I am often asked about types of toothbrushes. And my short answer is to use whatever motivates you to keep your teeth as clean as possible. There is no one best solution for everyone, so I try not to give a generic one size fits all answer, but here I will try to address some things to think about when you are making your next toothbrush purchase.
First of all, my personal experience has shown that electric toothbrushes can remove plaque better than manual versions. I have a couple particularly tricky spots in my mouth that I use to test this. And when I use my electric toothbrush the plaque is clearly removed better in these tricky areas.
Now, there is nothing wrong with a manual toothbrush. It is cheap and easy to use. The down side is that it is technique sensitive more than an electric toothbrush. And it’s more difficult to do the brushing strokes necessary to remove the plaque in tough to reach areas; whereas the electric brush does the work for you.
With all brushes, you want to use only soft bristles. The brushing motion or ultrasonic forces will remove the plaque thoroughly; hard bristles are not needed and will only lead to erosion of both the tooth and gums over time. The one motion you want to be careful in doing is back and forth along the outside of the teeth. This also can cause wear on the teeth and gums if you brush too hard. Therefore circular motions or a motion from the gums to the tooth is gentler for your mouth.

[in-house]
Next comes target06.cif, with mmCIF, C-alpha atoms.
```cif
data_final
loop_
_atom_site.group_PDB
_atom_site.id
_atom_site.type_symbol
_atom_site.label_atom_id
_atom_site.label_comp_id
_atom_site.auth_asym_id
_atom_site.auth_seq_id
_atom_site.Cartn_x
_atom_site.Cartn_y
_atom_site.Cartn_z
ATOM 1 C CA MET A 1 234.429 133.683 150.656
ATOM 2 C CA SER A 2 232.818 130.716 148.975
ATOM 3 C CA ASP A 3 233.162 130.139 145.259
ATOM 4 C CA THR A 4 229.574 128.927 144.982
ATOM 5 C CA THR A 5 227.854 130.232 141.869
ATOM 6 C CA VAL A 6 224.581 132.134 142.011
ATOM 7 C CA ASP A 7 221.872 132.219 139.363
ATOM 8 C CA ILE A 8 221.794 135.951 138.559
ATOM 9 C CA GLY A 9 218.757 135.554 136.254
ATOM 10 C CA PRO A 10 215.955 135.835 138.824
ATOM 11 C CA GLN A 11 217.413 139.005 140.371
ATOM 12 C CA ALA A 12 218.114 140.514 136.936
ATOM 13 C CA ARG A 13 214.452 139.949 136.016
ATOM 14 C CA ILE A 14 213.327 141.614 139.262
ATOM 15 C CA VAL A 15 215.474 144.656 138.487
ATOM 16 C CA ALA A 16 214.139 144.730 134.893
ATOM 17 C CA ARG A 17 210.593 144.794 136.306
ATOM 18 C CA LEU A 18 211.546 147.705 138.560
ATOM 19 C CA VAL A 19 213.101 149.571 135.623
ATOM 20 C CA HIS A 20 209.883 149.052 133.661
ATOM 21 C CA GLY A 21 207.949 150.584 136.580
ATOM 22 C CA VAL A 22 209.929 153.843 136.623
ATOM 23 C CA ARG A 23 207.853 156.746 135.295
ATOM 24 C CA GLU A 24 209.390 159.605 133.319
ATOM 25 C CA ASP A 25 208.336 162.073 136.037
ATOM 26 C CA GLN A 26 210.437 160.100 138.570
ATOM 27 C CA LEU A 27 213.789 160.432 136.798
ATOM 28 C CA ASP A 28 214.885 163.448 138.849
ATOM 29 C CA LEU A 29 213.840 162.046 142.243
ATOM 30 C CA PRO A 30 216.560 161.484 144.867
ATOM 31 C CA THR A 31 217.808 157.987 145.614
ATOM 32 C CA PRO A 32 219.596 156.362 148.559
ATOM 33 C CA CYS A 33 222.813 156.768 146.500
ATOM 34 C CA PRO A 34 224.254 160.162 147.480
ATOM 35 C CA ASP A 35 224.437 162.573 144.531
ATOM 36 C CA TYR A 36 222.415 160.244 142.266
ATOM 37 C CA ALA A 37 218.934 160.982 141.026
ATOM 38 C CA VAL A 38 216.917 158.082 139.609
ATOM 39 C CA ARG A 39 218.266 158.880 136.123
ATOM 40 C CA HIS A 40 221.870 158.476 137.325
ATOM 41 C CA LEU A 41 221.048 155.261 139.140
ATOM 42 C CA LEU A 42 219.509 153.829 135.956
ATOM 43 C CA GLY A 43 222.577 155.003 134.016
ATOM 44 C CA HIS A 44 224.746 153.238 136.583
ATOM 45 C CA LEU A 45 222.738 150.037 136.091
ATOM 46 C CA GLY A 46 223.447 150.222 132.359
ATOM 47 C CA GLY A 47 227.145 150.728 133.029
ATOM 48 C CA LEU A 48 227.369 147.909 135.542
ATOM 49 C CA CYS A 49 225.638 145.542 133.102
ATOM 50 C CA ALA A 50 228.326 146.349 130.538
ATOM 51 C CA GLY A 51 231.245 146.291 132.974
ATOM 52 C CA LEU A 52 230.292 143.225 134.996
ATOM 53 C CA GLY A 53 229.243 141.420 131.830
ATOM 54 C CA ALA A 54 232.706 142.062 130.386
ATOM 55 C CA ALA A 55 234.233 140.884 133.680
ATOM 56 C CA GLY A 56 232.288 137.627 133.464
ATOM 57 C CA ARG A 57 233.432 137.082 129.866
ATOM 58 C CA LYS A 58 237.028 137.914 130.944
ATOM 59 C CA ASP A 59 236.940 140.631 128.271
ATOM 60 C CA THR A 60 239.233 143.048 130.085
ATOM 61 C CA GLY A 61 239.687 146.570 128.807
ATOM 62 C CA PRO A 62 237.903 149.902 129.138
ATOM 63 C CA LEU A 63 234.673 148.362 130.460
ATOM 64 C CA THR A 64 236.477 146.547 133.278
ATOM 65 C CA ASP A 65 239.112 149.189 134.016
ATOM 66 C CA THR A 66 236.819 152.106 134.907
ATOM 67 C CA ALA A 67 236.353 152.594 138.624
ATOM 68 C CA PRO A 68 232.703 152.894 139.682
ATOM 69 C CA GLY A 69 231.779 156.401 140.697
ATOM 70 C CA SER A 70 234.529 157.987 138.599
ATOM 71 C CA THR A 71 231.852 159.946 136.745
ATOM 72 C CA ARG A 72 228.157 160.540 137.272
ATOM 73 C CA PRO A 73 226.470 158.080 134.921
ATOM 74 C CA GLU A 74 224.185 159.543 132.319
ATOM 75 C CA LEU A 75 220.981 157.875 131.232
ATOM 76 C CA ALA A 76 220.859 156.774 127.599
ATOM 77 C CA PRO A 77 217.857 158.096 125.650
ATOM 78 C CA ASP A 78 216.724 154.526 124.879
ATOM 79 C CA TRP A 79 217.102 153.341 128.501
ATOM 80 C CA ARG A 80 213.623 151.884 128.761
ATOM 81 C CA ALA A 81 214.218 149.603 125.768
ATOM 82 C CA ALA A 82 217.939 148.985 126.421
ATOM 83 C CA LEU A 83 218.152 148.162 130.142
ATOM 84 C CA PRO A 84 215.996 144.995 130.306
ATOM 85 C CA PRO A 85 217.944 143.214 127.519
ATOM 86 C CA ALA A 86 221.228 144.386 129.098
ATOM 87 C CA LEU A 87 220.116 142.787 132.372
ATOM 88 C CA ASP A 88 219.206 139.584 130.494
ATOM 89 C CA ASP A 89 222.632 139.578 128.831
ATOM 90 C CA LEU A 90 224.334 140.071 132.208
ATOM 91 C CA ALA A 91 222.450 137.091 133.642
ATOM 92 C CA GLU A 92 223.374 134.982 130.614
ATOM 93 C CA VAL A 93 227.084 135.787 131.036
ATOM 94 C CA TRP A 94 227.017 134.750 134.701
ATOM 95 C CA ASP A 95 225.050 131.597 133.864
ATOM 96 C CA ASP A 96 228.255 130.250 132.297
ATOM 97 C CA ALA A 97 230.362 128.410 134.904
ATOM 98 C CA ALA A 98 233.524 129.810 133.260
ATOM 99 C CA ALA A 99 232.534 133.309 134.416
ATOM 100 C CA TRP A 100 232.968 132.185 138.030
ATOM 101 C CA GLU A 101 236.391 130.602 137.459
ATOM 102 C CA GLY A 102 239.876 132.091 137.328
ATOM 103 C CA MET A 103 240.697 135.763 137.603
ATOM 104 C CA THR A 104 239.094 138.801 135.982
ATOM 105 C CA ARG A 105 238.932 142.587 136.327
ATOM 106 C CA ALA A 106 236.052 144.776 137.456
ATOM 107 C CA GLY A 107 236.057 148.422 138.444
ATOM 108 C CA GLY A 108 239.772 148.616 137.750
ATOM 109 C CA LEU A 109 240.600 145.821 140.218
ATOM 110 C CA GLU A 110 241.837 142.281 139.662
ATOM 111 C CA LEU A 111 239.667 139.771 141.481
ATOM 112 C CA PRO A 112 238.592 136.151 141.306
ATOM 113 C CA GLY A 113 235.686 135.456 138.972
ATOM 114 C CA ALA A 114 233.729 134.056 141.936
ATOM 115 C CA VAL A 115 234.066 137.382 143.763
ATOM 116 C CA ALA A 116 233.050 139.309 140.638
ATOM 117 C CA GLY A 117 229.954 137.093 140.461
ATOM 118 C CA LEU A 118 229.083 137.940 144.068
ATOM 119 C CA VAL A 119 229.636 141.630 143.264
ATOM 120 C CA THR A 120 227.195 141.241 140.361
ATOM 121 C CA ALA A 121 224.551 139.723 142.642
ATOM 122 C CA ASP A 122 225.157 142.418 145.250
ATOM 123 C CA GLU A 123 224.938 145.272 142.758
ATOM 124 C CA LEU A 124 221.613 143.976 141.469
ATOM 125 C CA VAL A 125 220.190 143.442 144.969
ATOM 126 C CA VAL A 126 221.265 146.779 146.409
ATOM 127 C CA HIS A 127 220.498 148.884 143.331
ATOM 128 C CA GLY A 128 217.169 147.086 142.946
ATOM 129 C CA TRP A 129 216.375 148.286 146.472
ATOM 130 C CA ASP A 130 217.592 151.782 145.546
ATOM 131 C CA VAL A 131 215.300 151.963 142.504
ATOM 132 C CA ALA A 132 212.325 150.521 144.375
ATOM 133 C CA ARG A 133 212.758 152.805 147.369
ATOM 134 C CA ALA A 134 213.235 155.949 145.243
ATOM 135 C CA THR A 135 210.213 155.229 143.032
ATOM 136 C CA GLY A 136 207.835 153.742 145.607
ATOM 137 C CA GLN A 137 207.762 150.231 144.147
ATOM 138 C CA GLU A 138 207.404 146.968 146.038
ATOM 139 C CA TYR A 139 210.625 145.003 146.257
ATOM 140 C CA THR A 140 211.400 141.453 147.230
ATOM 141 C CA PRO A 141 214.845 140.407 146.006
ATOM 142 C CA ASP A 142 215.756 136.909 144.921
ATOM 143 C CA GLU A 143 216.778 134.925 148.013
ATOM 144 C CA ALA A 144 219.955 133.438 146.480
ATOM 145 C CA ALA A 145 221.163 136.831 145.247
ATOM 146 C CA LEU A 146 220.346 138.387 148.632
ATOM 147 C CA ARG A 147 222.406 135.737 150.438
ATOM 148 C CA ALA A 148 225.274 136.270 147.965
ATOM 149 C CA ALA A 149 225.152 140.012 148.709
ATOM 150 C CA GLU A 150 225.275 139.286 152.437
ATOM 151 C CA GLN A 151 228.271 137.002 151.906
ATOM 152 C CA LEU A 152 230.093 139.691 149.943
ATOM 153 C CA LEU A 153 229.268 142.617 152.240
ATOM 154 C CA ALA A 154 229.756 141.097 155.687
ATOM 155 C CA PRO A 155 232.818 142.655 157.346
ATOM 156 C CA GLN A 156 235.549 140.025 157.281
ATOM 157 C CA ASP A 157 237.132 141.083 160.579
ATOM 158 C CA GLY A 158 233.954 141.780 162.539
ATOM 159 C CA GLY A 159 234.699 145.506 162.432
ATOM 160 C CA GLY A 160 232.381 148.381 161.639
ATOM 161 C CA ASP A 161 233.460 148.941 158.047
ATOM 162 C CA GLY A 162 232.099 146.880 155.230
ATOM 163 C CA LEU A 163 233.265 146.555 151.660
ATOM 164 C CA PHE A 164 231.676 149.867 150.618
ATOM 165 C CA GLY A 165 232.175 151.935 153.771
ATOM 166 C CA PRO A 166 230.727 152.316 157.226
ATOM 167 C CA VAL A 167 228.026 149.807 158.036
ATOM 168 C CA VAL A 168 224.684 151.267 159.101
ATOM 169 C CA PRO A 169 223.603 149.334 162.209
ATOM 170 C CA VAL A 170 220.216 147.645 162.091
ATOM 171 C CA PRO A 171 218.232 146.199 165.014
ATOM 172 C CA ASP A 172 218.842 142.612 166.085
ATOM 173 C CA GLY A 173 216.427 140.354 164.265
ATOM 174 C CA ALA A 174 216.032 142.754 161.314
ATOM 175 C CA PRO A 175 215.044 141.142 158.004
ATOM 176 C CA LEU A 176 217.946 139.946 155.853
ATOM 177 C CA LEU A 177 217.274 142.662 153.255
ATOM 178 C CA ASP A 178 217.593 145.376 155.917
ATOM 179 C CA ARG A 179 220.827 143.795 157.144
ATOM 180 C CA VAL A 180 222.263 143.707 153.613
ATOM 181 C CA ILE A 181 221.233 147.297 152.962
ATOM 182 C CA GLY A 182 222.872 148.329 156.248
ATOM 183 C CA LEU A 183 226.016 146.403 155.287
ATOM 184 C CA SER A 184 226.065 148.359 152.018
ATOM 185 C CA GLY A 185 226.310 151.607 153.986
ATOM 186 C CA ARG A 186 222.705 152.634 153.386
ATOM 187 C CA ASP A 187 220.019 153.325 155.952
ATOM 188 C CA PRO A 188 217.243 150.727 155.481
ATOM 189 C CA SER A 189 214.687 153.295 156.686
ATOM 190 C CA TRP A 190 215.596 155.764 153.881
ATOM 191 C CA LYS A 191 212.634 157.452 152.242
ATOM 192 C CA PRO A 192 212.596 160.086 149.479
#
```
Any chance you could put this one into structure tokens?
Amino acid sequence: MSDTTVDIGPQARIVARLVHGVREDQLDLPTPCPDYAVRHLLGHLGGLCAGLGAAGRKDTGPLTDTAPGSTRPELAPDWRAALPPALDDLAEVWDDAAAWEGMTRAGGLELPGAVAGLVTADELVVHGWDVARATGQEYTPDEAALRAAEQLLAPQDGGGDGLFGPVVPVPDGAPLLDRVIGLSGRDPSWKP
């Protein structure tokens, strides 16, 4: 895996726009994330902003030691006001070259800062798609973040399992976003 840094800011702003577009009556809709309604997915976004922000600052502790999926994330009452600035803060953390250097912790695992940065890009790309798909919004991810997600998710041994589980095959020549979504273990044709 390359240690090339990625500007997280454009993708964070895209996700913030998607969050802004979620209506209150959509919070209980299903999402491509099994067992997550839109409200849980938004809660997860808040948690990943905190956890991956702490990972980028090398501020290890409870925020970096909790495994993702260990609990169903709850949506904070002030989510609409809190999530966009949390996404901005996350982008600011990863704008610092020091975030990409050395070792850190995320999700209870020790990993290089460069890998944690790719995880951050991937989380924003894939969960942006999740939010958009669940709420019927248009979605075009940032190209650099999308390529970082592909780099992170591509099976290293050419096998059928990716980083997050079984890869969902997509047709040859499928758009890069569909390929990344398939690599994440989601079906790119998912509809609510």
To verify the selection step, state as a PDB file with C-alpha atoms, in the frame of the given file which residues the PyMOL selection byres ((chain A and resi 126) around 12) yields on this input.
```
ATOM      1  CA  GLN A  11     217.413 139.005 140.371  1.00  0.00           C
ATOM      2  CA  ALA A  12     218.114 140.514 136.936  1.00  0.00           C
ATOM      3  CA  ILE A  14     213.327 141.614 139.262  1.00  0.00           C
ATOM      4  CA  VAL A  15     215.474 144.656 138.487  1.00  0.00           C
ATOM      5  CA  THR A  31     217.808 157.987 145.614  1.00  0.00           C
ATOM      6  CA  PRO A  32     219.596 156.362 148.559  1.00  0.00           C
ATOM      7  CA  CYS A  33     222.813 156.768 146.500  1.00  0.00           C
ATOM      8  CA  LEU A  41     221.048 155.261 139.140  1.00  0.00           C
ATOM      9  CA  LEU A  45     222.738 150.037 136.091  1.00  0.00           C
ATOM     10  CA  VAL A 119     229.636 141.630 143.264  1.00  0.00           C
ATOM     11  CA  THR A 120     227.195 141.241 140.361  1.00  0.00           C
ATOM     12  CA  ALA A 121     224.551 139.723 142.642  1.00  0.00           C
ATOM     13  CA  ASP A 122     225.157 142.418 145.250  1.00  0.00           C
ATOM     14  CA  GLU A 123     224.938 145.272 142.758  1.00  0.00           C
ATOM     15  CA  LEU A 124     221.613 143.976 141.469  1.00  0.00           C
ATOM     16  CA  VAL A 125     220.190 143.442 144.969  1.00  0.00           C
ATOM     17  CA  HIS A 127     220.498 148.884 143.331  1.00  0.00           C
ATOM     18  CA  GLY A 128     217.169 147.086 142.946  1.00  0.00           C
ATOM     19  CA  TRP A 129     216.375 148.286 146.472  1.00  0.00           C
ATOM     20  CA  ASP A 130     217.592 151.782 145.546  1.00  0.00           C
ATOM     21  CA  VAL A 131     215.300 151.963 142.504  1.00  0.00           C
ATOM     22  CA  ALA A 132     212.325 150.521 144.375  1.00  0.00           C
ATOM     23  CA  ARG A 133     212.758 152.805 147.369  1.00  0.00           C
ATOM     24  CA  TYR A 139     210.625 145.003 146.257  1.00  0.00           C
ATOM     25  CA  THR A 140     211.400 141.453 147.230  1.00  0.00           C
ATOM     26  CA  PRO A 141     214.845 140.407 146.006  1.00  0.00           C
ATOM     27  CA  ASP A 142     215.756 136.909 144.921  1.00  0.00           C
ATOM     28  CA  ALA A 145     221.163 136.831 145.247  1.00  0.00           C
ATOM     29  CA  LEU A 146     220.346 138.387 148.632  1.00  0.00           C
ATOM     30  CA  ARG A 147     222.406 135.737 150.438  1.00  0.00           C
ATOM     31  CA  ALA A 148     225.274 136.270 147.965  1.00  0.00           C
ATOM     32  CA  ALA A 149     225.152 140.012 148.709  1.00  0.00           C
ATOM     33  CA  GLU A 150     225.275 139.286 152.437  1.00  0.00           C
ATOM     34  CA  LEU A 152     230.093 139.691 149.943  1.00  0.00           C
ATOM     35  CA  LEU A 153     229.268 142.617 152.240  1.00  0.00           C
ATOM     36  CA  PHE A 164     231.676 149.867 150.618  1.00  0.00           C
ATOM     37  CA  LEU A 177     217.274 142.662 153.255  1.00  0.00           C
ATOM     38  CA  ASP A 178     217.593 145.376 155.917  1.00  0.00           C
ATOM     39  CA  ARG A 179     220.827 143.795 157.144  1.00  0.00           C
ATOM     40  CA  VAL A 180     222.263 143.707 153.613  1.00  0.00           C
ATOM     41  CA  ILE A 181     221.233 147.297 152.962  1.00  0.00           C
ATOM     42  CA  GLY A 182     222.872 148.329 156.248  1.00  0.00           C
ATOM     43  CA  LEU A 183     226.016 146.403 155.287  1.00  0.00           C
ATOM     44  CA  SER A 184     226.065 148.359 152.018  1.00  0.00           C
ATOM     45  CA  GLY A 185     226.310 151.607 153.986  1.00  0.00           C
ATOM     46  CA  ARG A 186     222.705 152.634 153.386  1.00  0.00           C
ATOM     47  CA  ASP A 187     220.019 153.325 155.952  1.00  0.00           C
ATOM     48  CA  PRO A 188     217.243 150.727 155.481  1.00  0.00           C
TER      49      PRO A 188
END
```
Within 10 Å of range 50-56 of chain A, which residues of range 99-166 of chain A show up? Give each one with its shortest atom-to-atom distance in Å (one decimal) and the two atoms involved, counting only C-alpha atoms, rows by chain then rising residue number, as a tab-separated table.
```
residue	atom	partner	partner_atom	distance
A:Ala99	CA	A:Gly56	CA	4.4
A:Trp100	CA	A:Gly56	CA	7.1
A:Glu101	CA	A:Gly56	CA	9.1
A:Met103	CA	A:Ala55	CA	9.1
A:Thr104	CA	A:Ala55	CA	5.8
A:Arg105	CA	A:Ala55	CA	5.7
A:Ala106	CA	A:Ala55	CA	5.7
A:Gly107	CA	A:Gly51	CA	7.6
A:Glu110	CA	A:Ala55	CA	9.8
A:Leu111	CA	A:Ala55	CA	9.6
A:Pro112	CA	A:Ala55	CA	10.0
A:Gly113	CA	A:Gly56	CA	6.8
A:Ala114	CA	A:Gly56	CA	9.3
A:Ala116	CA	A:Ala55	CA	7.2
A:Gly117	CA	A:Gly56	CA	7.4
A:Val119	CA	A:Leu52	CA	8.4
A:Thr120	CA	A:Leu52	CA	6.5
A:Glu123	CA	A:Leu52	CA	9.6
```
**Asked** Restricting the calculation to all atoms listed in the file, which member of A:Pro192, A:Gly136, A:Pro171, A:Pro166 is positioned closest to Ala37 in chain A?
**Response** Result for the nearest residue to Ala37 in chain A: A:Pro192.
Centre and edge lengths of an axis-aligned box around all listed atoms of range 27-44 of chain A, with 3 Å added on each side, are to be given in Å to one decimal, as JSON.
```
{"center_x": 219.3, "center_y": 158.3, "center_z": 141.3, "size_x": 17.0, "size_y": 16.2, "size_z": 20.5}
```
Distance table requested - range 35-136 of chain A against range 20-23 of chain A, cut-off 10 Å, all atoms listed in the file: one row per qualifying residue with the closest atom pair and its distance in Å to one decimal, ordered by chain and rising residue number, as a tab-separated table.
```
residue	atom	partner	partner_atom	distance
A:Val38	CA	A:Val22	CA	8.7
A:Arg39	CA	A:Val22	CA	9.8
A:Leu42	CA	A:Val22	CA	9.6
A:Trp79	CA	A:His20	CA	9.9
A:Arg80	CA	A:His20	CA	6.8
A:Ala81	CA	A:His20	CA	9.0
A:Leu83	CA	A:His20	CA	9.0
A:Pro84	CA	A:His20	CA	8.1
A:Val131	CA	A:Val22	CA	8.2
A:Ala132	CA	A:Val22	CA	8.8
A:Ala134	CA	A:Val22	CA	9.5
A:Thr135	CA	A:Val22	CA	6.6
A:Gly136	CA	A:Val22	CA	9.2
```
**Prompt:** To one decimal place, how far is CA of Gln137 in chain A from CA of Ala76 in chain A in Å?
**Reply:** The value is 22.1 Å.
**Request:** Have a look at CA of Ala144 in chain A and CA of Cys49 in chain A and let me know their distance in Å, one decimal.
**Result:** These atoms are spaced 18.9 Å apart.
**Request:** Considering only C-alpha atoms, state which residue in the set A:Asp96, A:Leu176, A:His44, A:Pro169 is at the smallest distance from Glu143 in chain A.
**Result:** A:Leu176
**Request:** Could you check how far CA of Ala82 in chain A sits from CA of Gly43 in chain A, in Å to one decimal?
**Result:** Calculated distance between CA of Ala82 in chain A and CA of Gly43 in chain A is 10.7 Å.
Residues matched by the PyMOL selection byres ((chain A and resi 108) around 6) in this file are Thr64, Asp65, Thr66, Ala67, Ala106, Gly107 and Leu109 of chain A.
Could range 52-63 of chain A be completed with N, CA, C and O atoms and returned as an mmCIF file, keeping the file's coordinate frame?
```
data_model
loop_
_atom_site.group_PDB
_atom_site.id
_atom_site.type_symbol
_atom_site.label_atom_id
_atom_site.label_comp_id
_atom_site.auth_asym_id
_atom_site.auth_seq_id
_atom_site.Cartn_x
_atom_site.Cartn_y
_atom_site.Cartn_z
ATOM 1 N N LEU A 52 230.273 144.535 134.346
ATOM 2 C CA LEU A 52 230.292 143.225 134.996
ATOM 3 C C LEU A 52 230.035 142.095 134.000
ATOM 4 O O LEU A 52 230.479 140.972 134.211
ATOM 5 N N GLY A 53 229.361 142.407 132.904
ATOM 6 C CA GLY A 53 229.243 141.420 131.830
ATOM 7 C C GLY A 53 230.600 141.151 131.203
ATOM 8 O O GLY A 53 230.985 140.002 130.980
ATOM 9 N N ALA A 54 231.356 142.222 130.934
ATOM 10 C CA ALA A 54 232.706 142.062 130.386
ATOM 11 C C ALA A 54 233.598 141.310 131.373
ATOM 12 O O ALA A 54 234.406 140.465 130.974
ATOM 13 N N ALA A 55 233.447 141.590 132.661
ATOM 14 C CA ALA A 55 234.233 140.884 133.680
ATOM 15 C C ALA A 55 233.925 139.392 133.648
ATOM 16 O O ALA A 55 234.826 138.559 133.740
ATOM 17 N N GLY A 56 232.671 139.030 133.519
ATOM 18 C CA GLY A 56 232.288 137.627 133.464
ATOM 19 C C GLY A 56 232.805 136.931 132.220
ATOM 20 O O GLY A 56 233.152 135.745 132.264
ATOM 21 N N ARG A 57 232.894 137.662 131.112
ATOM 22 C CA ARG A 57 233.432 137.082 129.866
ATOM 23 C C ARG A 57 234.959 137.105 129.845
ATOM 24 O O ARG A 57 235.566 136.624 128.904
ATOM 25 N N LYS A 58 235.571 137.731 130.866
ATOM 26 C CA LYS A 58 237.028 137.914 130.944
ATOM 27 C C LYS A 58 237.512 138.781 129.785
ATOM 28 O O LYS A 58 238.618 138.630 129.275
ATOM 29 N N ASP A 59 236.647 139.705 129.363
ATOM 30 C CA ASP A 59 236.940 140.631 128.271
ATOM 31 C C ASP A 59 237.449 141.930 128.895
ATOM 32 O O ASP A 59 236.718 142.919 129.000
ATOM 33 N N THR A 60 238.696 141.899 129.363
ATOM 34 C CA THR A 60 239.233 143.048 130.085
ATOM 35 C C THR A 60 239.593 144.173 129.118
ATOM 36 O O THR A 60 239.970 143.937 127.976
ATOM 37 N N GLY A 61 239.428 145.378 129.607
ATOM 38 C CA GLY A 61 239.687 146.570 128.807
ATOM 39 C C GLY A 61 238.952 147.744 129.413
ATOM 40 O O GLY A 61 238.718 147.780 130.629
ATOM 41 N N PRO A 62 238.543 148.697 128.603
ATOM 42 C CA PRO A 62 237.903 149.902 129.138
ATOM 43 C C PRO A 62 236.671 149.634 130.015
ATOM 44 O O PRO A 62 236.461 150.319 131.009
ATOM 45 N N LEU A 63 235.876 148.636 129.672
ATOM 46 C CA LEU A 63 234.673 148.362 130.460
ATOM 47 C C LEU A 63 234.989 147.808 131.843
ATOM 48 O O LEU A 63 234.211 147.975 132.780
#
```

As far as electric brushes go, there are several brands. They all seem to work pretty well. But, I would not depend on the inexpensive spin-brushes to do much better than a manual brush. You really have to buy the more expensive electric brushes to get an improved result. However, assess the premium brushes closely to make sure the extra bells and whistles are worth the extra investment to you. The only time I would ever buy a cheap spin-brush would be for a child that is having a tough time getting inspired to brush and the fun spin-brush with cartoon characters might motivate the child more.
Flossing is also important for your teeth and gums. So remember no matter what type of toothbrush you use, there is no substitute for flossing.
And in closing, remember one important rule for taking care of your teeth: only brush the ones you want to keep.